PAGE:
It might be easier to describe with some pseudo-code. For example, we could have a PlayerEntity, which has a ModelInstance, which has a Geometry, which has a Mesh, which has a Material, which has a Shader:[source lang=cpp]//binds the shader programs and default shader valuesstruct ShaderRes{ StateGroup* state; ShaderPrograms* programs; vector<cosnt CBuffer*> defaults; ShaderRes(const char* name) { programs = Load(name); defaults = programs->GetDefaultCBuffers(); state = new StateGroup(); state->Add( new BindShaderCommand(programs) ); for( i=0; i<defaults.size(); ++i ) state->Add( new BindCBufferCommand(defaults[i]) ); }}//binds some useful shader values, textures, etcstruct MaterialRes{ StateGroup* state; ShaderRes* shader; vector<CBuffer*> cbuffers; MaterialRes( ShaderRes* s, vector<CBuffer*>& v ) { shader = s; cbuffers = v; state = new StateGroup(); for( i=0; i<cbuffers.size(); ++i ) state->Add( new BindCBufferCommand(cbuffers[i]) ); }}//a draw-call (i.e. "sub-mesh") paired with a materialstruct MeshRes{ DrawCall* draw; MaterialRes* material;}//binds the index/vertex buffersstruct GeometryRes{ StateGroup* state; VertexBuffer* vb; IndexBuffer* ib; vector<MeshRes*> meshes; GeometryRes() { state = new StateGroup(); state->Add( new BindVertexBufferCommand(vb) ); state->Add( new BindIndexBufferCommand(ib) ); }}//an actual object in the world. Links to the above resources, and binds per-instance data, like a world-matrix.struct ModelInstance{ StateGroup* state; CBuffer* constants; Geometry* model; ModelInstance() { constants = new CBuffer<InstanceData>(); constants->SetProperty( "WorldMatrix", Identity ); } void Draw( RenderQueue& queue ) { for( i=0; i!=model->meshes.size(); ++i ) { Mesh* mesh = model->meshes[i]; //build the state-stack for this draw-call StateGroup* stateShader = mesh->material->shader->state; StateGroup* stateMaterial = mesh->material->state; StateGroup* stateGeometry = mesh->state; StateGroup* stateInstance = state; StateGroup* stateStack[4] = { stateInstance, stateGeometry, stateMaterial, stateShader }; DrawCall* draw = mesh->draw; queue.Submit( draw, stateStack, 4 ); //<-- here is the part where we actually submit something for drawing } }}//a higher-level game object made up of several modelsstruct PlayerEntity{ ModelInstance* body; ModelInstance* gun; void Draw( RenderQueue& queue ) { body->Draw(queue); gun->Draw(queue); }}[/source](n.b. completely made-up code to try and get some ideas about composition across)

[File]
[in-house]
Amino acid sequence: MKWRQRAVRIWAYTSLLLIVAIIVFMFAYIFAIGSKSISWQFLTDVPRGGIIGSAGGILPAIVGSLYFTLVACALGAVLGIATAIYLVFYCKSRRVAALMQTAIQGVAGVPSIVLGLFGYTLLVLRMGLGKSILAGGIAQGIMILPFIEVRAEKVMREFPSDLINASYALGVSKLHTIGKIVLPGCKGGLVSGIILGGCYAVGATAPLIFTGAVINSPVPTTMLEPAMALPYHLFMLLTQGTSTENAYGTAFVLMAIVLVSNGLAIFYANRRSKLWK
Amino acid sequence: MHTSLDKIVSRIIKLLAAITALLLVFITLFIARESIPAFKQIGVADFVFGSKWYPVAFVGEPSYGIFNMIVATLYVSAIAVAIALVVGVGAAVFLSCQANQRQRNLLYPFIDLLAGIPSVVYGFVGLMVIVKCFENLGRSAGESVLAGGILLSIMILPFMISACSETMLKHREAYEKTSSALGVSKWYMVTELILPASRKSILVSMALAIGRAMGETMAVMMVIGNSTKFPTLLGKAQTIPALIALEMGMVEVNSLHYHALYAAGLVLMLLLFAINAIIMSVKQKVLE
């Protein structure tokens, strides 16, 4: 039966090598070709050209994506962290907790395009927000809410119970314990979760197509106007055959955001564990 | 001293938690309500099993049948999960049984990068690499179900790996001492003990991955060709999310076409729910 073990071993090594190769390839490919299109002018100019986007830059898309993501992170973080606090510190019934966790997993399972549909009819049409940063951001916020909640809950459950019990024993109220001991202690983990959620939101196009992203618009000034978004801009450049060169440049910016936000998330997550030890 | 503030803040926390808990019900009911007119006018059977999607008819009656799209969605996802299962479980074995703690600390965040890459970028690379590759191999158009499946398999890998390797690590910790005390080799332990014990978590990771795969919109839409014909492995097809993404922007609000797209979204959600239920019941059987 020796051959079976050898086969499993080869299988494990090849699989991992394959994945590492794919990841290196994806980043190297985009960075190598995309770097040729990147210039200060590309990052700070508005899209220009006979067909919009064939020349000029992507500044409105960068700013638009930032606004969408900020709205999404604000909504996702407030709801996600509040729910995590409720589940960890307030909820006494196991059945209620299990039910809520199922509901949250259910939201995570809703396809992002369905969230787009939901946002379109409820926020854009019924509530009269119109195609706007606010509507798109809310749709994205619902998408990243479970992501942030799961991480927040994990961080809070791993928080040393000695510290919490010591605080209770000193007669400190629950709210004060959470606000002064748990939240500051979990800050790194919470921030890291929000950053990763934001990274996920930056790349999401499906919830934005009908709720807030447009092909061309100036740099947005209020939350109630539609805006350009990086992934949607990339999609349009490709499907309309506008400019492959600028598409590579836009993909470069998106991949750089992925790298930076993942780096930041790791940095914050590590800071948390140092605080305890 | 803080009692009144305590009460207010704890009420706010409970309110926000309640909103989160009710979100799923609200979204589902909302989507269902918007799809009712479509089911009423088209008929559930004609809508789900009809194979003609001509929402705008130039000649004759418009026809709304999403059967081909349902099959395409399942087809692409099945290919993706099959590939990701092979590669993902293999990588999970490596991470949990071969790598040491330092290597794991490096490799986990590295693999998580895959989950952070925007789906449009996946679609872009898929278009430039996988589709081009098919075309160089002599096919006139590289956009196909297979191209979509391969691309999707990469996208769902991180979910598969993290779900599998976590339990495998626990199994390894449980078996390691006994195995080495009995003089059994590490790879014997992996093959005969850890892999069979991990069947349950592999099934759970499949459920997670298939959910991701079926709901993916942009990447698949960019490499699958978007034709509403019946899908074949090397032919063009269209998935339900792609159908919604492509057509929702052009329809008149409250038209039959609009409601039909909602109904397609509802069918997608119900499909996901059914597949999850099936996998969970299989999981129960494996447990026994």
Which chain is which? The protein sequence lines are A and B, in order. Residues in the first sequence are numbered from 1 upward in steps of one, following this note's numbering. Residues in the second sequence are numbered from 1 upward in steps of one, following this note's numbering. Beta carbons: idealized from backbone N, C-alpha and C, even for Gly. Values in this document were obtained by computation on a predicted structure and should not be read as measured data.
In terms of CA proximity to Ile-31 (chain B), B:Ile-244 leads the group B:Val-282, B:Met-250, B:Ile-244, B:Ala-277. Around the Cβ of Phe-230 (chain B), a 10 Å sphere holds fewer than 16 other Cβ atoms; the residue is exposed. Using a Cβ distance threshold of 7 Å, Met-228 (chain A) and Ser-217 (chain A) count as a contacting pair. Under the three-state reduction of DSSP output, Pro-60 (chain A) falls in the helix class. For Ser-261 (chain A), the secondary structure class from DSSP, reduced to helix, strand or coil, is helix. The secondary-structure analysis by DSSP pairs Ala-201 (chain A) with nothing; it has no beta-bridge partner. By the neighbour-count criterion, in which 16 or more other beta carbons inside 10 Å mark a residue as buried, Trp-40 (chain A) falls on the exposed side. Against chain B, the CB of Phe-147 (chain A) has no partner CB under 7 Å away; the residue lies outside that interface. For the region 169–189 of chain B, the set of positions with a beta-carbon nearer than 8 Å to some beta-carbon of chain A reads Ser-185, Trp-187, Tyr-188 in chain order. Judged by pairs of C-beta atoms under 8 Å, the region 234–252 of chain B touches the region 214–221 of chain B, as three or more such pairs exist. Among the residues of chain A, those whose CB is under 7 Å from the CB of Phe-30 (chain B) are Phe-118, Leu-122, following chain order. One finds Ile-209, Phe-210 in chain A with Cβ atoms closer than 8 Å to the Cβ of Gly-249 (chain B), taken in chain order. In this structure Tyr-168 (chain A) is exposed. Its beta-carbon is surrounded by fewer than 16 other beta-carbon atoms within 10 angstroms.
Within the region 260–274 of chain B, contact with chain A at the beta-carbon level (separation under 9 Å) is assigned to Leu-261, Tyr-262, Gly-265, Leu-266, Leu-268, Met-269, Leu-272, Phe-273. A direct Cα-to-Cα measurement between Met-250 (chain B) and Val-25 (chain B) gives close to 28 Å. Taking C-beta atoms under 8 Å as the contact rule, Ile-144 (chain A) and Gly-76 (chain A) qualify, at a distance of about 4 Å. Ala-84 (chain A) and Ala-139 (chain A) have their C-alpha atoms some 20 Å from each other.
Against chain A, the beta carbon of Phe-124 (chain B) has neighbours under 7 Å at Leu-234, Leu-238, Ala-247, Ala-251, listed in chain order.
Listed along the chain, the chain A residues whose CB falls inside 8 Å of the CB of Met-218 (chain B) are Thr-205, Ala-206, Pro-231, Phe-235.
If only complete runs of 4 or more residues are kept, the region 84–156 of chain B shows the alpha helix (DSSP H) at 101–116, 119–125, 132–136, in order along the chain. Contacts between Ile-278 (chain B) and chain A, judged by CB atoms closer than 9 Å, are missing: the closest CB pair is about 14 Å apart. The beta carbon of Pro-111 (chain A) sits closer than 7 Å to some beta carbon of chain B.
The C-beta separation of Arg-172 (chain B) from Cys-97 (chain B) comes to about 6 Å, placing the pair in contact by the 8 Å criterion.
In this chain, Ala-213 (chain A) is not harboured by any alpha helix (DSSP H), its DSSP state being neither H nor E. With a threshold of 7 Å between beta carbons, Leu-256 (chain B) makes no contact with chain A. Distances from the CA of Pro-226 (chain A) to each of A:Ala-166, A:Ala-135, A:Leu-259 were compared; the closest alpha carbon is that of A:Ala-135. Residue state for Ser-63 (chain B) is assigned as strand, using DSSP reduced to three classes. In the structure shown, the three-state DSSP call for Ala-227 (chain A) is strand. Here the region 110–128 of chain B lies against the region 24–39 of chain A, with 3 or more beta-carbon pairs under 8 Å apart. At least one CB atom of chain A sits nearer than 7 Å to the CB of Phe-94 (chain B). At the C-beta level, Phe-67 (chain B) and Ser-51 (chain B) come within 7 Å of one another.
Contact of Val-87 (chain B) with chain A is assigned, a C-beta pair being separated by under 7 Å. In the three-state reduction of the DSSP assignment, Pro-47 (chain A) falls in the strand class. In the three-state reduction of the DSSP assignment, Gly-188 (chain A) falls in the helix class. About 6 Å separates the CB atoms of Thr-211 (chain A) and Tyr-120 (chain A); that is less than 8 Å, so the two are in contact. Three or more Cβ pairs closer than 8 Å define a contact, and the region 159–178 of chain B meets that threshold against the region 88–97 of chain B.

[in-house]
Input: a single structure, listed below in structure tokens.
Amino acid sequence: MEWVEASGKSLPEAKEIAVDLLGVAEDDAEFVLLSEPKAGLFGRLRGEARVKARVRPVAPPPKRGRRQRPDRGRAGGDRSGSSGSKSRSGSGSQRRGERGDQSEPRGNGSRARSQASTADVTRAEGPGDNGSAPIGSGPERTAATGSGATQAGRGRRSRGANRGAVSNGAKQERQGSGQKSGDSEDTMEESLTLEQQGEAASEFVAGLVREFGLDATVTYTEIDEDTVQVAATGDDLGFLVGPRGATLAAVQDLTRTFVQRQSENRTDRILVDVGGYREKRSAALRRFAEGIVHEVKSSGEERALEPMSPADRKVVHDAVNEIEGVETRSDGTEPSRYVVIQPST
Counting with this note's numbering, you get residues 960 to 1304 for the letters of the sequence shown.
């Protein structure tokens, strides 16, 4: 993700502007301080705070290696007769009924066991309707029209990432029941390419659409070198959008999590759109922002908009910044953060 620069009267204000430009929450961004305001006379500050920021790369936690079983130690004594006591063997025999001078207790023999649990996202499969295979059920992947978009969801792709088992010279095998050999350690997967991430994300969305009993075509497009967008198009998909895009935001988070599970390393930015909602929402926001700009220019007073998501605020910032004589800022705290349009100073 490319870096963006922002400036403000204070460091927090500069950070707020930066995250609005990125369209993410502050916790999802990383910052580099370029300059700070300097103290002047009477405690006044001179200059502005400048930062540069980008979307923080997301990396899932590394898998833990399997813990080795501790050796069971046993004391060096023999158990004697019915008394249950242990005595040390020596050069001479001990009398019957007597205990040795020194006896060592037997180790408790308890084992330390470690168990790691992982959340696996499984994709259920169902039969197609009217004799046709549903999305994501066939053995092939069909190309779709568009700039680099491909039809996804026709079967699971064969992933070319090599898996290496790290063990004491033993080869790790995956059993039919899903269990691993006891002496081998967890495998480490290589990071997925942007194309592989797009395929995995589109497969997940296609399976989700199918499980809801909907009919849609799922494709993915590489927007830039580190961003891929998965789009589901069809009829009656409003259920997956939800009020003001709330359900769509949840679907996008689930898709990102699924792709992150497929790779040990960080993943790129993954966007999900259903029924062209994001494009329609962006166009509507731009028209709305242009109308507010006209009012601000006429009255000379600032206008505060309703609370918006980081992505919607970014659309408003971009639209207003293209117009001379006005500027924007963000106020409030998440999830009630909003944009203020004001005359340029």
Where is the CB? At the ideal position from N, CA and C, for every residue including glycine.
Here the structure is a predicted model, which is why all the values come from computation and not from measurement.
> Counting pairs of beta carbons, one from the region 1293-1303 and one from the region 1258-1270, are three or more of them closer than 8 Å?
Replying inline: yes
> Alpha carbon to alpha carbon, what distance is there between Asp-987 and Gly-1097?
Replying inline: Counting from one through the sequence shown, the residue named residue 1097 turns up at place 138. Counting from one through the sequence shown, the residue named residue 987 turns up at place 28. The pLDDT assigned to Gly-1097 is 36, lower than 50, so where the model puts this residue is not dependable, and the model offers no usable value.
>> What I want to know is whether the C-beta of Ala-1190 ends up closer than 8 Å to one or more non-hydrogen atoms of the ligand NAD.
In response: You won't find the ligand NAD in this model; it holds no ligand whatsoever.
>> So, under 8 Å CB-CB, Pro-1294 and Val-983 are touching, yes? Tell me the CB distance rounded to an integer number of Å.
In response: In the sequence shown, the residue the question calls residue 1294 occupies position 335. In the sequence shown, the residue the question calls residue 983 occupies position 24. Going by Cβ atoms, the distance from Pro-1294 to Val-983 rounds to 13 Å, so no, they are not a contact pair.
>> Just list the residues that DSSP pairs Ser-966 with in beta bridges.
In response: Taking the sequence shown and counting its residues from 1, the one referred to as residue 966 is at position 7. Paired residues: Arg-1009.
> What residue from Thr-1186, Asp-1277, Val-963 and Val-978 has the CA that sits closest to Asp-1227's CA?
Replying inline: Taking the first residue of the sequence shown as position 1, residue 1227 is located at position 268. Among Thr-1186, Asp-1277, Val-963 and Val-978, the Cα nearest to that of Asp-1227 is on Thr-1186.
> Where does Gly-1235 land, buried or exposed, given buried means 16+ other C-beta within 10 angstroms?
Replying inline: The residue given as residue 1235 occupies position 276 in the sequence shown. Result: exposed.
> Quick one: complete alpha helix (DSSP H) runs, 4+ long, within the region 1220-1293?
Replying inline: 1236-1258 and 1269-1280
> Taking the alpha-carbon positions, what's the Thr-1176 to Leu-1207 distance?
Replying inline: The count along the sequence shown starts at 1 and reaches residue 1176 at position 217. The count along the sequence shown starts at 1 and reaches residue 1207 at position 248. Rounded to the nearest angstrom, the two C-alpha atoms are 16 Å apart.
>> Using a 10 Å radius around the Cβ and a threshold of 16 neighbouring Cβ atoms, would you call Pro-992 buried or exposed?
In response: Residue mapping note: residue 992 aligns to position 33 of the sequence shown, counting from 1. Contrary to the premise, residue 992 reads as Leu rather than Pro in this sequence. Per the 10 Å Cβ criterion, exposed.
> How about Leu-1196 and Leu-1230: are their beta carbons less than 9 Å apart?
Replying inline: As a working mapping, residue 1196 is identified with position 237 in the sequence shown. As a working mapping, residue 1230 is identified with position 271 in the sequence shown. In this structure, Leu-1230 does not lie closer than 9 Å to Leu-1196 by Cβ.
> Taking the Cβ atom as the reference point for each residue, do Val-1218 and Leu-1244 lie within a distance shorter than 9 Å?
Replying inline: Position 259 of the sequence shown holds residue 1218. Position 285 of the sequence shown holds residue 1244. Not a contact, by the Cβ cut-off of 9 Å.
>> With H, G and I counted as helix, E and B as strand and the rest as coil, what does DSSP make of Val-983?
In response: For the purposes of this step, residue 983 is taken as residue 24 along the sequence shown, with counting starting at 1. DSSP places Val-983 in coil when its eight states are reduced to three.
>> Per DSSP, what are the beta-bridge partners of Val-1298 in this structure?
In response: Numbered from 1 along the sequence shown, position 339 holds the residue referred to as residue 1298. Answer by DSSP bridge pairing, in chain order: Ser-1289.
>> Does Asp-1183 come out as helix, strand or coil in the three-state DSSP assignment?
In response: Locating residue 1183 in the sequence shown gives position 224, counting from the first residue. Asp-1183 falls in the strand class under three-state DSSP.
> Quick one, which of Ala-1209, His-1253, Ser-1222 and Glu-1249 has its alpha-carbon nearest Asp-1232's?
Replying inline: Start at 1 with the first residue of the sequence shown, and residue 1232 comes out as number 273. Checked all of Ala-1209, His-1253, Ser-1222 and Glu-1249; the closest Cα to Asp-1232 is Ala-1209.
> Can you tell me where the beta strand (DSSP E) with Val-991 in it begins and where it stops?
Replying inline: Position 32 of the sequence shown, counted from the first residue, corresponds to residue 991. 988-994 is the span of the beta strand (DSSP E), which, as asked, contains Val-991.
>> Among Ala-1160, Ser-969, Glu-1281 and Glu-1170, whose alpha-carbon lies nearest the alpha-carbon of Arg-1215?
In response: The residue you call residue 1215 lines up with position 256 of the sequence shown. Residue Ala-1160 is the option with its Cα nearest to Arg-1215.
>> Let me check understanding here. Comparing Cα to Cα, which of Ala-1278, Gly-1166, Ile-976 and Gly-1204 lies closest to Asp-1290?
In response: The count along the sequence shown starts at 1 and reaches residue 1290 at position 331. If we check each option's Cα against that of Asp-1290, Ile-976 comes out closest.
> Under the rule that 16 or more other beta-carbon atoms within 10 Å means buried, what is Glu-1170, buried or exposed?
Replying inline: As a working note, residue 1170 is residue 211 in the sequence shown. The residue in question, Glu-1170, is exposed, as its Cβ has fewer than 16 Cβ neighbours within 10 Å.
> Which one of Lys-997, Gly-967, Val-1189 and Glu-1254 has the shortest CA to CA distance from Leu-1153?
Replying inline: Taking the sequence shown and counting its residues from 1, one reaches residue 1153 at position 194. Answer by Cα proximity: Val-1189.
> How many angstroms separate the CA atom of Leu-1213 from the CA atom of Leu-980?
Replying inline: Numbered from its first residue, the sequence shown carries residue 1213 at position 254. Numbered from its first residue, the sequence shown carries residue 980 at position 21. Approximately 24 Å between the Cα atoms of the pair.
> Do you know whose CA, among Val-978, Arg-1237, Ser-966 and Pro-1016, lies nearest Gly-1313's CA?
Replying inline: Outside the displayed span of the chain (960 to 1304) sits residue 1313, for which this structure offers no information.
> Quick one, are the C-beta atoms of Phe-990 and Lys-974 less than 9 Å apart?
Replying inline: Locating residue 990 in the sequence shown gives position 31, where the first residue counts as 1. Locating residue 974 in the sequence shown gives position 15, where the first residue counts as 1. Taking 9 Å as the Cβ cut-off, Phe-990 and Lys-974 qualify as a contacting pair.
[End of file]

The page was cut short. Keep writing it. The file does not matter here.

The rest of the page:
Should I implement drawing functions in the Actor class and call them when the actor needs to be drawn or get pointers to the buffers and call the DrawIndexed() functions in the renderer?

An actor might be made up of several draw calls, and those draw-calls might need to be drawn at different stages of the pipeline -- e.g. if part of the actor is opaque and part is translucent.

To easily deal with this, I would have each actor submit it's meshes/drawables/whatever to the renderer, and have the renderer call the actual "Draw" functions at the appropriate times.

As Krypt0n mentioned, you might not even want the Actor to be responsible for this submission though -- you could have the actor 'register' it's "drawables" with some kind of rendering manager in advance, and let that manager object perform the submission on behalf of the actor (this way the actor doesn't have a draw function at all).

#30 TiagoCosta   Crossbones+   -  Reputation: 2206

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Posted 30 June 2011 - 12:10 PM

@Hodgman